how to get snot out of cats nose

The use of a humidifier, a vaporizer, or the steam from a hot shower may help your cat breathe more easily. Gently wipe nasal discharge from your cat’s nostrils with a soft damp towel. Your cat may not be able to smell his/her food as well as before.


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Examine your cat’s eyes and nose for any clear or hazy discharge, as this could indicate an upper respiratory infection, before treating a stuffy nose. You can wait for your cat’s upper respiratory infection to go away on its own for seven to ten days. To help with the stuffiness in the interim, wipe your cat’s nose several times a day with a wet cotton ball. To help the steam clear its congestion, you can also bring it into the bathroom and turn on a hot shower for ten minutes. See a veterinarian if your cat is having breathing difficulties or if it is exhibiting pus-like discharge so that it can be treated. Scroll down to find out how to get veterinary care for a cat that has a fungal or bacterial infection!

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Depending on the circumstances, you may or may not need to be concerned if your cat’s nose is running. The fact is that although some cases of runny nose are easily treated, other times they are a sign of a more serious health problem. Continue reading to find out what causes cats’ runny noses and when you should take your pet to the vet for treatment.

Why Your Cat’s Nose Is Running

If your cat has a runny nose, the tissues in their sinuses or nasal cavities are probably inflamed, injured, or infected.

But if your cat is consistently snotty, then they could have an upper respiratory infection. Most upper respiratory infections in cats are caused by viruses, like herpes viruses and caliciviruses, according to the Merck Veterinary Manual. Bacterial infections are the second most common cause of runny noses, which include Chlamydophila felis and Bordetella bronchiseptica. Thankfully, if your cat has had their recommended vaccines their risk of contracting these infections is dramatically diminished.

But there are other reasons your cat’s nose might be running besides straightforward upper respiratory infections, the majority of which are minor and don’t need medical attention. These include:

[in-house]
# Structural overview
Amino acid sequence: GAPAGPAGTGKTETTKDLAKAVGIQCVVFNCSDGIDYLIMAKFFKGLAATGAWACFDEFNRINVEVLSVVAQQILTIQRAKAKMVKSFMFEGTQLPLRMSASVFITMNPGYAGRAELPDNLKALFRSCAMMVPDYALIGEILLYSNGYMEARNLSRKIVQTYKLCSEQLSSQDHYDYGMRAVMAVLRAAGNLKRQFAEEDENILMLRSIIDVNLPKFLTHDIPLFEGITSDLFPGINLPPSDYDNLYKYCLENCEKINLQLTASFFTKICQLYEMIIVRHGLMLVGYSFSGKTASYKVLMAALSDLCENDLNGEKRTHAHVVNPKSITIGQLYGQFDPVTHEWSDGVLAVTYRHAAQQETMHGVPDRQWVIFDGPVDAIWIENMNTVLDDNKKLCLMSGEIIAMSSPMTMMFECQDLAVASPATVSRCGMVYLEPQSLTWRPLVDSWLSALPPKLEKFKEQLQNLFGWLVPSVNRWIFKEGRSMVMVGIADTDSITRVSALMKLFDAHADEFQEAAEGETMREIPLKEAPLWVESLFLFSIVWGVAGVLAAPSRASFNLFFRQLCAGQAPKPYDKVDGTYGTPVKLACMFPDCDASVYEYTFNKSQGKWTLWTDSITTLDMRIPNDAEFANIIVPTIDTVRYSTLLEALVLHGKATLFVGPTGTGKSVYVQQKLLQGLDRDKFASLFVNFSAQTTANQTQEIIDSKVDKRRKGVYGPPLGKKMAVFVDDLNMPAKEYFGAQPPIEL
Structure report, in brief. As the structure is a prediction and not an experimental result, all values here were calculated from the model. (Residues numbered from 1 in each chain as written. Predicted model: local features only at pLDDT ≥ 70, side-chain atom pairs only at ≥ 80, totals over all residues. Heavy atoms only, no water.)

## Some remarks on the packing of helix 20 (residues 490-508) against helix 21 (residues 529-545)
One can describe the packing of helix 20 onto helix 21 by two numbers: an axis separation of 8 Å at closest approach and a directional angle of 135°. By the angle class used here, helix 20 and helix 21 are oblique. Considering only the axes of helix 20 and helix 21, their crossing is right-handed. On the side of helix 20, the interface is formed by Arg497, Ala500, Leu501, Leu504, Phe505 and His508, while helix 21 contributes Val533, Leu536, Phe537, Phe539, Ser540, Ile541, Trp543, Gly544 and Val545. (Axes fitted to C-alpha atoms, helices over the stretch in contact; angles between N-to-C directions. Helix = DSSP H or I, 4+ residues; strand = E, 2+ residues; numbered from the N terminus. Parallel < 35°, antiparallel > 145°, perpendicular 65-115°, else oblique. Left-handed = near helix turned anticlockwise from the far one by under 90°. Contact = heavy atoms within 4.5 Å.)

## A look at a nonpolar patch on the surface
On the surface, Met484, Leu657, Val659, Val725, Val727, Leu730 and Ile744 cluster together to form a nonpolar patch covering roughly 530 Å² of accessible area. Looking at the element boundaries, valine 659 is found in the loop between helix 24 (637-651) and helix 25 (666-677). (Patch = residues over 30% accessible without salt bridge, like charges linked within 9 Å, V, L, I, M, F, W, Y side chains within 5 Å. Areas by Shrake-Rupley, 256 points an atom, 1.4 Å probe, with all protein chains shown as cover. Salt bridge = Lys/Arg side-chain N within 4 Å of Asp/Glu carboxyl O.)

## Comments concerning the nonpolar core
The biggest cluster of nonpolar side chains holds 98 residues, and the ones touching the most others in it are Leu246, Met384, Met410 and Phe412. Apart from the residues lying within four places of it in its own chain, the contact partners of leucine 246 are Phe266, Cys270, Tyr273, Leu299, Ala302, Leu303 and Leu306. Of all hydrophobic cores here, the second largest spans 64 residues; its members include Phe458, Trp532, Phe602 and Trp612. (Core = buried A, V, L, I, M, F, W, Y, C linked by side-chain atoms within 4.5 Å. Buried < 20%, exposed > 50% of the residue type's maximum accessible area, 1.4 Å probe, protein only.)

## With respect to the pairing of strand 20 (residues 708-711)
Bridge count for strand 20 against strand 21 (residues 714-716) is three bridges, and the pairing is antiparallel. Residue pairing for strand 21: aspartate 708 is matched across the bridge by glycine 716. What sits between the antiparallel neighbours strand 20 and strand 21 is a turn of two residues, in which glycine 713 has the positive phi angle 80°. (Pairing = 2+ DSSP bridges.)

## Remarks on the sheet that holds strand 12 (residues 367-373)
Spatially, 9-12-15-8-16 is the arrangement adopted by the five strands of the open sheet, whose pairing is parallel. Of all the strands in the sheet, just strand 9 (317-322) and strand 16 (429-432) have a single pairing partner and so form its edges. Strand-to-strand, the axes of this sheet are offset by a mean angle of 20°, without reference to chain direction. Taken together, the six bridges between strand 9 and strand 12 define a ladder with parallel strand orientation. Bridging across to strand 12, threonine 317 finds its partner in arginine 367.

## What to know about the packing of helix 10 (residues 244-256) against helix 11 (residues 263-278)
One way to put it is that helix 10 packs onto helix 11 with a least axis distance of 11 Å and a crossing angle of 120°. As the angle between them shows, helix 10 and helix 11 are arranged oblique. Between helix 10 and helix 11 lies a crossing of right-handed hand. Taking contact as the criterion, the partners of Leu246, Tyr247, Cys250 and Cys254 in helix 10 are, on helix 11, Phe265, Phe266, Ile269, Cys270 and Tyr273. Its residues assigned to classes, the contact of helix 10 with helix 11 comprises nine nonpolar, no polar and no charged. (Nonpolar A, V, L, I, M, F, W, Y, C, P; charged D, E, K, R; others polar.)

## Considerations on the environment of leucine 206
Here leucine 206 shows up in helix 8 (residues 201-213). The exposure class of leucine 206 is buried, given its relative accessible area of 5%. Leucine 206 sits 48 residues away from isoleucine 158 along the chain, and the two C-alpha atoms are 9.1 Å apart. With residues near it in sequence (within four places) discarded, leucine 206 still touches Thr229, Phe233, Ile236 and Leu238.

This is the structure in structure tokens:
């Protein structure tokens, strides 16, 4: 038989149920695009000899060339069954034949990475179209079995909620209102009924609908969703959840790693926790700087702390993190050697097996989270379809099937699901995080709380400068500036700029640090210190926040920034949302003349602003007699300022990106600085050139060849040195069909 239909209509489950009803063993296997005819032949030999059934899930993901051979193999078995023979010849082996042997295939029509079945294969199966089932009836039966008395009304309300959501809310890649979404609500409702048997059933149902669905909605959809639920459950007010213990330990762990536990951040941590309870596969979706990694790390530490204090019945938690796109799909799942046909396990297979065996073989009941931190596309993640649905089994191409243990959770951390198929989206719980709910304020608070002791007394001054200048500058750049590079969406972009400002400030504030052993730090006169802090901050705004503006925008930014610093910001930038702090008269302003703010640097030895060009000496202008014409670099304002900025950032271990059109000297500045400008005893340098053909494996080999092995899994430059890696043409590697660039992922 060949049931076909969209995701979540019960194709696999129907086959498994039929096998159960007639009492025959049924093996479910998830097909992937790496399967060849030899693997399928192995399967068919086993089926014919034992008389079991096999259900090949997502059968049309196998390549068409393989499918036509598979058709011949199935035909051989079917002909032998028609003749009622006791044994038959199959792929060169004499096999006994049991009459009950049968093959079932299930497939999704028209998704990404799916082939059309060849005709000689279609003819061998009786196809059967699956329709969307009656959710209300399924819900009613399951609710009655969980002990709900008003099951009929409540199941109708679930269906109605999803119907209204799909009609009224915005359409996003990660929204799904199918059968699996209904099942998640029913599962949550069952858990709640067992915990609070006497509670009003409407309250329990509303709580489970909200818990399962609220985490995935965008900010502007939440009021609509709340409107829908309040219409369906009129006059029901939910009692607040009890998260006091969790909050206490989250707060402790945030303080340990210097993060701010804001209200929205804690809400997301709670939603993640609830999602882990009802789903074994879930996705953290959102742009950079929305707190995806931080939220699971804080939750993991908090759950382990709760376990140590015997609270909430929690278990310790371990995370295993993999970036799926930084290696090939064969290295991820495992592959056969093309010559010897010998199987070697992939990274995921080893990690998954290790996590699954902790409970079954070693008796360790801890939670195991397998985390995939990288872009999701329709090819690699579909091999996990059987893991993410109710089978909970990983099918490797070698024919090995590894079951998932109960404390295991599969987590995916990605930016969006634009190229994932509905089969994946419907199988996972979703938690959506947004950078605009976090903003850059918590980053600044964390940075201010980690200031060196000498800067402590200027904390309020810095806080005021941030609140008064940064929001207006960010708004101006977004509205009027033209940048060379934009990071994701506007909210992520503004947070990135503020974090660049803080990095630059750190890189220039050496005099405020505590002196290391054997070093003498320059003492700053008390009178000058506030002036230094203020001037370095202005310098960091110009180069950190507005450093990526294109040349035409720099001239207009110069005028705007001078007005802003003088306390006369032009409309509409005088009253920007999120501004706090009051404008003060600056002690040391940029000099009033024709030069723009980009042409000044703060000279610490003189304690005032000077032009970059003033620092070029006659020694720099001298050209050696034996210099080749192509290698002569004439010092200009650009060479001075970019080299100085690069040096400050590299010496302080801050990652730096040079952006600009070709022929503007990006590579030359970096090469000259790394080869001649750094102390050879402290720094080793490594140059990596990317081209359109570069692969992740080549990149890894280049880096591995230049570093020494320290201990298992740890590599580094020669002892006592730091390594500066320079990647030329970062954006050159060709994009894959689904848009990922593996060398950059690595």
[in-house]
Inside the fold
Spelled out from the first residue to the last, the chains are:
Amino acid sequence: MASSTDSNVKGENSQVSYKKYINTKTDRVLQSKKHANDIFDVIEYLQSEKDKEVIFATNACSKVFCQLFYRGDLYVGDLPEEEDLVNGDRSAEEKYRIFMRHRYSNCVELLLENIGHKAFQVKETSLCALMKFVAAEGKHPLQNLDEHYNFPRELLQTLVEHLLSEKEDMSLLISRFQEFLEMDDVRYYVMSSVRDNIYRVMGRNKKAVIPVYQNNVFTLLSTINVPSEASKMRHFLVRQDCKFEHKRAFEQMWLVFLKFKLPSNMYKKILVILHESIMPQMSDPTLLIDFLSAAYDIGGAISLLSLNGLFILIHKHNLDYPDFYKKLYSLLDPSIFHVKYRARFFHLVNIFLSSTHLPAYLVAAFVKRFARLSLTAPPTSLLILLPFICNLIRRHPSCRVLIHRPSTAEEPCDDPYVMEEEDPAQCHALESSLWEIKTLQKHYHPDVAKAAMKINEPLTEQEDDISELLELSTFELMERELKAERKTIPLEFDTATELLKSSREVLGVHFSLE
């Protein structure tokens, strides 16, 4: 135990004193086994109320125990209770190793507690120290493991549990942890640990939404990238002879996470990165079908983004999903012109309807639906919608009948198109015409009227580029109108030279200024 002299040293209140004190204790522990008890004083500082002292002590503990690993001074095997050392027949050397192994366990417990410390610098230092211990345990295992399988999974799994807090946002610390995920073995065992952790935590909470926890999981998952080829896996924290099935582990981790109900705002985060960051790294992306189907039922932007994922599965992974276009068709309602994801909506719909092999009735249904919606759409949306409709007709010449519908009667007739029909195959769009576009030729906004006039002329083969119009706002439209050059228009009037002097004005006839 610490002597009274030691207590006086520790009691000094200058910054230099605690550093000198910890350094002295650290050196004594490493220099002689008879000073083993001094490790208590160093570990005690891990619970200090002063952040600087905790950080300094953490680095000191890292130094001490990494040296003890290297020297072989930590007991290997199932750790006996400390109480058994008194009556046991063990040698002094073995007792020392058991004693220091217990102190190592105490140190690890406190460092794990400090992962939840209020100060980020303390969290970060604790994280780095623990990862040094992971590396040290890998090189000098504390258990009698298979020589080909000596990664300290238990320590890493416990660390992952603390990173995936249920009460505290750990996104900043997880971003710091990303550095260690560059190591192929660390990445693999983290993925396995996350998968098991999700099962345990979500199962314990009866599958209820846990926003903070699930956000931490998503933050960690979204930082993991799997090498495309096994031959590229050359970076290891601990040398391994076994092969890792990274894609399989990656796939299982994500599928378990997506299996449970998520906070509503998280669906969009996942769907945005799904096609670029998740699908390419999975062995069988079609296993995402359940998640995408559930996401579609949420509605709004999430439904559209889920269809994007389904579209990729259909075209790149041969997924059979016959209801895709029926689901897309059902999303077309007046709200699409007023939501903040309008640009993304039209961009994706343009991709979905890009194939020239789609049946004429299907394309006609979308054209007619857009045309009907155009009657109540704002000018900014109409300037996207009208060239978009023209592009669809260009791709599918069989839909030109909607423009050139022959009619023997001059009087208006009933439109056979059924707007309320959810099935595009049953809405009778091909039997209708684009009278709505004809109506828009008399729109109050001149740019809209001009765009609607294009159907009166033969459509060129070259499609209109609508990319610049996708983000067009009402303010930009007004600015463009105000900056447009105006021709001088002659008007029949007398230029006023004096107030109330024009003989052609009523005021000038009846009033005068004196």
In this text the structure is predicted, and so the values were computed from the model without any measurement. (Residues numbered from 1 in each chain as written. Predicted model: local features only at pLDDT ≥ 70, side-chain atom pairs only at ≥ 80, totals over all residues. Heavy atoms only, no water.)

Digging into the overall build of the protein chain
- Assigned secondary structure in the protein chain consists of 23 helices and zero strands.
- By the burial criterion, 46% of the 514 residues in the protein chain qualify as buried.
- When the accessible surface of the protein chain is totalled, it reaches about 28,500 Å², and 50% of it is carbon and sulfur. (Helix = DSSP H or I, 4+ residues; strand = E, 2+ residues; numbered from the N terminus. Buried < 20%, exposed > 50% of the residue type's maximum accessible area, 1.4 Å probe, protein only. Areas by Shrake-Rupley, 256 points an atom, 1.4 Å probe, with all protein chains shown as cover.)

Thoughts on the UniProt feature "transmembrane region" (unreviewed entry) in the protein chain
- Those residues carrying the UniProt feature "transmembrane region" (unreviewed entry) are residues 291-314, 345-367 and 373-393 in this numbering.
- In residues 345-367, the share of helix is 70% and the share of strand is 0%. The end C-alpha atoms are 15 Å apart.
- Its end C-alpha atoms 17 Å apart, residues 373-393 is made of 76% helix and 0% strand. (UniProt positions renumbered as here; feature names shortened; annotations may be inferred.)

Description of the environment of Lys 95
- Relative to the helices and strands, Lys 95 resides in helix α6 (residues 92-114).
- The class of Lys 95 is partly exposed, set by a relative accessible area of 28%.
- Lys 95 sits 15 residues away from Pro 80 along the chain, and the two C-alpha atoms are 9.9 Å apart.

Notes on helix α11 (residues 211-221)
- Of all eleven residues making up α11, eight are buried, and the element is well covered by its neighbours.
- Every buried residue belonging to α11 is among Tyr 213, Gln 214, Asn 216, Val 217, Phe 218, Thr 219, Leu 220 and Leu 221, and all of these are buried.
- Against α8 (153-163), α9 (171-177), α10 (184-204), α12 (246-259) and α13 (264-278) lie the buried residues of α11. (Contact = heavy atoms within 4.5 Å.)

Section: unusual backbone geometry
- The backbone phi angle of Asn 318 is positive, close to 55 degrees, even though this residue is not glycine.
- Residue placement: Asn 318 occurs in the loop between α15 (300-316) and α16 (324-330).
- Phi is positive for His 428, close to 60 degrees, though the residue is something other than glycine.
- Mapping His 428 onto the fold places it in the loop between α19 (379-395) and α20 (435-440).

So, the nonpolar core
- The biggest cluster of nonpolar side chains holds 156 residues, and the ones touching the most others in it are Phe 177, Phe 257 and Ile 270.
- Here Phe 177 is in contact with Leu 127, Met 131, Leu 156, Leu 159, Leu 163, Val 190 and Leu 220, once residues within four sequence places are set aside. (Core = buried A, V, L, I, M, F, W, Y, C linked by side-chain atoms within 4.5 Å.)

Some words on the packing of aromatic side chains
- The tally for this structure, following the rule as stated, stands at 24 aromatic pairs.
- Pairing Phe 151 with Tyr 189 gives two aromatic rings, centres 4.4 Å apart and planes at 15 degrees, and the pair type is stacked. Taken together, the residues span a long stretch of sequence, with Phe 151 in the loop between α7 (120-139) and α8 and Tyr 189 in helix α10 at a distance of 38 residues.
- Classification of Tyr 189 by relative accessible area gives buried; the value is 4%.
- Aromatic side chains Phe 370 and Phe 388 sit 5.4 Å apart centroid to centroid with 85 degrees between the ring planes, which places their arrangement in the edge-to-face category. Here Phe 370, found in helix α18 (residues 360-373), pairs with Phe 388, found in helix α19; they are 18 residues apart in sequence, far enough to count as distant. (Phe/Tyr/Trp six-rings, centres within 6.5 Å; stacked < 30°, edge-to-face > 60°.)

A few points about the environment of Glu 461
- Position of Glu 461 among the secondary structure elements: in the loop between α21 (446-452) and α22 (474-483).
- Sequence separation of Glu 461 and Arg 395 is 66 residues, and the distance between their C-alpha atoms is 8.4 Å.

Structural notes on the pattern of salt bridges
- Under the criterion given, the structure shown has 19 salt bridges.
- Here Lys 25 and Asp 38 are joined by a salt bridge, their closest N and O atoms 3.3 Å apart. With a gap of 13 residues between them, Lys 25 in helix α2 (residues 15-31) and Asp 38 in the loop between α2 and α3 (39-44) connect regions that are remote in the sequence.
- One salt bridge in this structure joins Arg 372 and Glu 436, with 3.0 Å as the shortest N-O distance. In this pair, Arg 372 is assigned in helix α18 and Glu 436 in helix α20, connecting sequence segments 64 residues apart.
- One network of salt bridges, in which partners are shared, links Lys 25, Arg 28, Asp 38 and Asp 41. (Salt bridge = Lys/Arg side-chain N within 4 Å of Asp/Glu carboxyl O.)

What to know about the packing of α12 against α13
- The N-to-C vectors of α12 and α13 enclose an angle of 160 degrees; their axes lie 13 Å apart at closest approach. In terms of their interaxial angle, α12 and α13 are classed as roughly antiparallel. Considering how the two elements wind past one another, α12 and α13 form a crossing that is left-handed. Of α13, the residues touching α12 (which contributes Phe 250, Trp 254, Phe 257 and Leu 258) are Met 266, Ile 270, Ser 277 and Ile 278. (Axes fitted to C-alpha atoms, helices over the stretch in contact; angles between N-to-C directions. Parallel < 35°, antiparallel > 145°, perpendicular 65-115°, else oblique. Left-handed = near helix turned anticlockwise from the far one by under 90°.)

• Generally speaking, rhinitis is an inflammation of the nasal passages that causes runny nose. Upper respiratory tract infections, viruses, bacteria, and, less frequently, fungi can all cause rhinitis. Although they are not a particularly common cause of rhinitis in cats, allergies are still a possibility.
  • Foreign bodies: A cat may experience a runny nose and colored discharge if they inhale a foreign body, such as a piece of food or a strand of yarn.
  • Nasal cancer: In cats, this kind of cancer can be quite aggressive. Early symptoms may include a simple runny nose, but they can also include facial swelling, pain, congestion, and thick or colored discharge.
  • Bloody nose: Inflammatory disorders, cancer, foreign bodies in the body, and clotting issues can all cause bloody noses.
  • Trauma: When swelling goes down, blows to the nose can cause a bloody discharge that clears up. Trauma-related nasal discharge can also get infected and turn greenish-yellow.
  • Toxic irritants: Being exposed to toxins can cause extreme inflammation and irritation of the nose, which can result in runny nose.
  • Nasal polyps: These benign growths can produce a runny nose, congestion, and frequent sneezing.


How can I unclog my cat’s nose at home?

While your cat is sick, increase humidity in your house by keeping a humidifier or vaporizer running. If your cat has a stuffy nose use a clean damp cloth or some cotton wool soaked in warm water to gently wipe your cat’s nose. Cleanse and soothe your cat’s watery eyes by applying a saline solution with gauze pads.

How do you get boogers out of a cat’s nose?

At home, a warm towel can be used to gently wipe away nasal discharge and crusts that can cover the nostrils. Nasal discharge can range from a thin, clear fluid to a thick, yellow or green mucus. A humidifier can help break up any congestion your cat may have.

Can you flush a cat’s sinuses?

A nasal flush may be indicated for cats with chronic rhinitis and can be used to dislodge blockages and debris a few times per year. This procedure will need to be completed by a vet as your cat will need to be sedated.

How do you get mucus out of a cat?

Take your cat into your bathroom, close the door, close any windows, and turn off any vent fans then run a hot shower – hot enough to allow your bathroom to fill with steam. Once the bathroom is steam-filled, keep your cat in the room for 10-15 minutes to allow her to breathe the moisture-laden air.